[OPE-L] Overdetermination

From: Jurriaan Bendien (adsl675281@TISCALI.NL)
Date: Wed Dec 28 2005 - 16:49:51 EST

Hi Antonio,

Actually I owe you an apology for being too polemical in a previous
exchange, it was really out of order for OPE-L. Anyway, to get to the
point - the discussion hinges I think crucially on what you mean by
"mind-independent" and "objective". Take for example a kinship structure -
it contains relations which exist independent of any particular awareness,
inasmuch as you cannot choose your genealogy and so on. If Bob's your uncle,
Bob's your uncle even if nobody knows that Bob's your uncle. But if there
are hidden structures, this presupposes that we could in principle reveal
their nature - if hidden structures remained perpetually hidden, they're an
object of metaphysical speculation only, and not much use.

From a statistician's point of view, there is nearly always a vantage point
from which something can be perceived objectively. But perceiving something
objectively does not necessarily imply a neutral viewpoint, we might view
something objectively but with a very partisan response, and moreover we
cannot perceive in any way other than is possible for a human to perceive.
Difficulties arise when objectivity and partisanship conflict, but they need
not do so. Two scientific colleagues with rival theories might perfectly
well agree about all the evidence there is pertaining to a question, but
draw different conclusions from it.

Of course it is possible for a social structure to exist without people
having the foggiest about its real nature, but it's unlikely most times,
it's rather that people have different gradations of awareness of it, as the
young Marx says, it may be the task to "awaken people from the dreams they
have about themselves" through research and critique.

To some extent you can identify objective social structures independently of
cultural biases, inasmuch as some things just are the same for every human.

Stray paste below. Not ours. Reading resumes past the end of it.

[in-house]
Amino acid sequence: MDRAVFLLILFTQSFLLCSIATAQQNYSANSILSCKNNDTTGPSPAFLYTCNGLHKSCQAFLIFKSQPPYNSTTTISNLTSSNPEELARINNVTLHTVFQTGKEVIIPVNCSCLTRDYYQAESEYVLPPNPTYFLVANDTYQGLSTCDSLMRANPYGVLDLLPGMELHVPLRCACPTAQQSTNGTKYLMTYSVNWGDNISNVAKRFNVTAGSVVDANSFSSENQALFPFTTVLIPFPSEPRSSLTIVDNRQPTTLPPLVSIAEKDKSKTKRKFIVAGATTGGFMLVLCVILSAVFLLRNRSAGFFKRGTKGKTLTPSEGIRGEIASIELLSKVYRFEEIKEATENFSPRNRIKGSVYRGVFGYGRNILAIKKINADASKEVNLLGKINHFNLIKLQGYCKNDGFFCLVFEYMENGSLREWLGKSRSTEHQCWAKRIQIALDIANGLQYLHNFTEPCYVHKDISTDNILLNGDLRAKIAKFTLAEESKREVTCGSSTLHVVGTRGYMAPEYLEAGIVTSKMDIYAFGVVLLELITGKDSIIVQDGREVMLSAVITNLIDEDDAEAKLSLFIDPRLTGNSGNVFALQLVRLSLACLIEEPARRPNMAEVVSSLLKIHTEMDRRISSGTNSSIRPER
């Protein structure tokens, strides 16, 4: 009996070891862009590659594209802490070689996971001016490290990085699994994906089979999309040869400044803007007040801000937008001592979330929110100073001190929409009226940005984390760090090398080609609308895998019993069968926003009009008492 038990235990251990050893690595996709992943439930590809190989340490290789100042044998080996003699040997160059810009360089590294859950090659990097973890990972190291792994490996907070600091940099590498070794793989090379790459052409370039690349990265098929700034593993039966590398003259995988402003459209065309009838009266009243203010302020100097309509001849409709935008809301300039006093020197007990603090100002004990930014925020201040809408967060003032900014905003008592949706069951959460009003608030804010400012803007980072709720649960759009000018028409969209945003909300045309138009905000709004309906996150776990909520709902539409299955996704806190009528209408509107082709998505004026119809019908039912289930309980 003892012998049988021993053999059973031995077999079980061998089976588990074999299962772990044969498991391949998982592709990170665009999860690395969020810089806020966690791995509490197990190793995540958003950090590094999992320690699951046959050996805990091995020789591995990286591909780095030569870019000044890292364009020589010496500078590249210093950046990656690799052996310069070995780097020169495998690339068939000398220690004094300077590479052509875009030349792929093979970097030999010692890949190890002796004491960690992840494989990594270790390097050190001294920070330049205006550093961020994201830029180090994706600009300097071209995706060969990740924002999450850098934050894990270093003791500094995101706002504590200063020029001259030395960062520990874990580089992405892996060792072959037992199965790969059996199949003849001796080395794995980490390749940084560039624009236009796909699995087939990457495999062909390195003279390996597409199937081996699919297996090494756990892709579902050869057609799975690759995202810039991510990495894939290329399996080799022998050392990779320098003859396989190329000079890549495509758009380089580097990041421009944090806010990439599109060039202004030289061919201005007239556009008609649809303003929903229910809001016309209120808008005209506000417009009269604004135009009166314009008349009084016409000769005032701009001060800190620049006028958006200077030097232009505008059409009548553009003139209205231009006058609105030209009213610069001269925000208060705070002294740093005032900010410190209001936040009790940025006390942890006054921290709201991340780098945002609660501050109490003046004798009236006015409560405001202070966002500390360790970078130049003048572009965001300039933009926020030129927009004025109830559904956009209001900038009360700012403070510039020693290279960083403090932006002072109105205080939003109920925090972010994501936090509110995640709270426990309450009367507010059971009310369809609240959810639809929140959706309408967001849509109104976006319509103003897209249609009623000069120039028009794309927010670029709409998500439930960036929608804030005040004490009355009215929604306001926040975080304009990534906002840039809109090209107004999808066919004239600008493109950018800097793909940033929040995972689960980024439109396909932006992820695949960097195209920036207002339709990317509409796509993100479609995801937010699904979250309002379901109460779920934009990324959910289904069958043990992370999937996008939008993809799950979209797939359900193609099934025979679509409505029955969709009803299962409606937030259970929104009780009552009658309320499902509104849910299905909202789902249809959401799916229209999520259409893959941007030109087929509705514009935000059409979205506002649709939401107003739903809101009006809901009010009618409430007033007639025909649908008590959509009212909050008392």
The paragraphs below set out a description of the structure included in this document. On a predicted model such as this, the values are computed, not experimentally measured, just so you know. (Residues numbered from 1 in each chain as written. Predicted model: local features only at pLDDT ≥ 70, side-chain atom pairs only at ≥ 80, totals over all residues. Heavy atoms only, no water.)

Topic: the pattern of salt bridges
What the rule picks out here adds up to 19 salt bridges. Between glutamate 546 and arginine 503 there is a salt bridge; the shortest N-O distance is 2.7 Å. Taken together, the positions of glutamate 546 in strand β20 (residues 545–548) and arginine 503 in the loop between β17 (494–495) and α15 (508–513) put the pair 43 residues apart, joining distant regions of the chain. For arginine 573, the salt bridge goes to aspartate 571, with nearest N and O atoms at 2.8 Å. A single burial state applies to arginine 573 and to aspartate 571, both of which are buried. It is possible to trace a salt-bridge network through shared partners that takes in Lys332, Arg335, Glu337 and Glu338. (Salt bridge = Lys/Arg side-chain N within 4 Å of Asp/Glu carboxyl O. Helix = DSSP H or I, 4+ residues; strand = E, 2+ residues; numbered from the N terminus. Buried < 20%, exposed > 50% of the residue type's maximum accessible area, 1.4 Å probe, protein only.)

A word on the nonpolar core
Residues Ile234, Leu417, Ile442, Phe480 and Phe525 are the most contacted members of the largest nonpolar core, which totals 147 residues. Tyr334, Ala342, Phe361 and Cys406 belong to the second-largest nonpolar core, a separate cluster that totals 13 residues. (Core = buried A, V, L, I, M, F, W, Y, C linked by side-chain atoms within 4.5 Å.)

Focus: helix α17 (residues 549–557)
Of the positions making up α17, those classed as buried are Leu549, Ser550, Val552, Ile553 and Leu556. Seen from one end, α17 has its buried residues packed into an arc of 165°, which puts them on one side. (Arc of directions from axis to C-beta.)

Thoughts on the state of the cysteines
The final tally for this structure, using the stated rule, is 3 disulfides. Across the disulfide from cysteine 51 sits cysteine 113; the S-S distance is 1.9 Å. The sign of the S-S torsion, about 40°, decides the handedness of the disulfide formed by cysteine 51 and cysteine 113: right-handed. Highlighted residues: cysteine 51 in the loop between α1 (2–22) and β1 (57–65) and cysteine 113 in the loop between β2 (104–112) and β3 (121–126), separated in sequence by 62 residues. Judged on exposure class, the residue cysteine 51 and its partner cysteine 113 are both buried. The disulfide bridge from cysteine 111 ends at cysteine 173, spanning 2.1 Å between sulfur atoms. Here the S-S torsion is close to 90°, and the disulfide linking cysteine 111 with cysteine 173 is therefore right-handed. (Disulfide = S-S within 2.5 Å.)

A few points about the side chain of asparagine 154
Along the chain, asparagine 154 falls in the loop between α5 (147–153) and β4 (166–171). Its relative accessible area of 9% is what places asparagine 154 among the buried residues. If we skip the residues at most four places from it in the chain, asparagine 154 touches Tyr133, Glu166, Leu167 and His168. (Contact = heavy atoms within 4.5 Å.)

But presumably objectivity does not require anybody to be totally free from
biases, but rather to acknowledge what their biases (or assumptions) are,
i.e. qualify that objectivity. Perfect objectivity rarely exists, precisely
because we are subjects, we cannot very well "squat outside the social
world" in order to view it "objectively", even an astronaut in space is
still linked to the social world (cf. Jurgen Habermas).

Problem with Althusser seemed to be that he wanted to reach for a vantage
point that is in some sense epistemically privileged in advance. But it
doesn't exist, as Marx says, humans have to "prove the veracity of their
thinking in practice". Does the inner circle of the politburo of the central
committee of the communist party have an epistemically privileged vantage
point, armed with the subtleties of Marxist doctrine? Most probably not.
Philosophy cannot supply it either.

At best you can say that, if the leadership successfully centralises the
experiences of the members, it has potentially a better insight into what is
going on overall, but there are no a priori guarantees there either, it
remains a continuing dialogue. It would be nice to think that we could
quickly skim the sublime summits of all wisdom by picking up a mobile phone,
and calling the sages or experts - but the more we aim for "royal roads to
science" in this sense, the more it turns out we have to do some
investigation of our own, in order to know what it is that we really have to
know anyway. As they say, "it takes one to know one".

I take it to be a task of social science to study the aggregate effects or
results of particular interactions of many people as objectively as
possible, but our ability to do so depends a lot on how specific our
questions are, and how we go about generalising, the methods we use to
obtain knowledge - a practical issue really, since some vantage points will
yield knowledge, and others will not. Even then, some truths are best
captured with an artistic metaphor or symbol.


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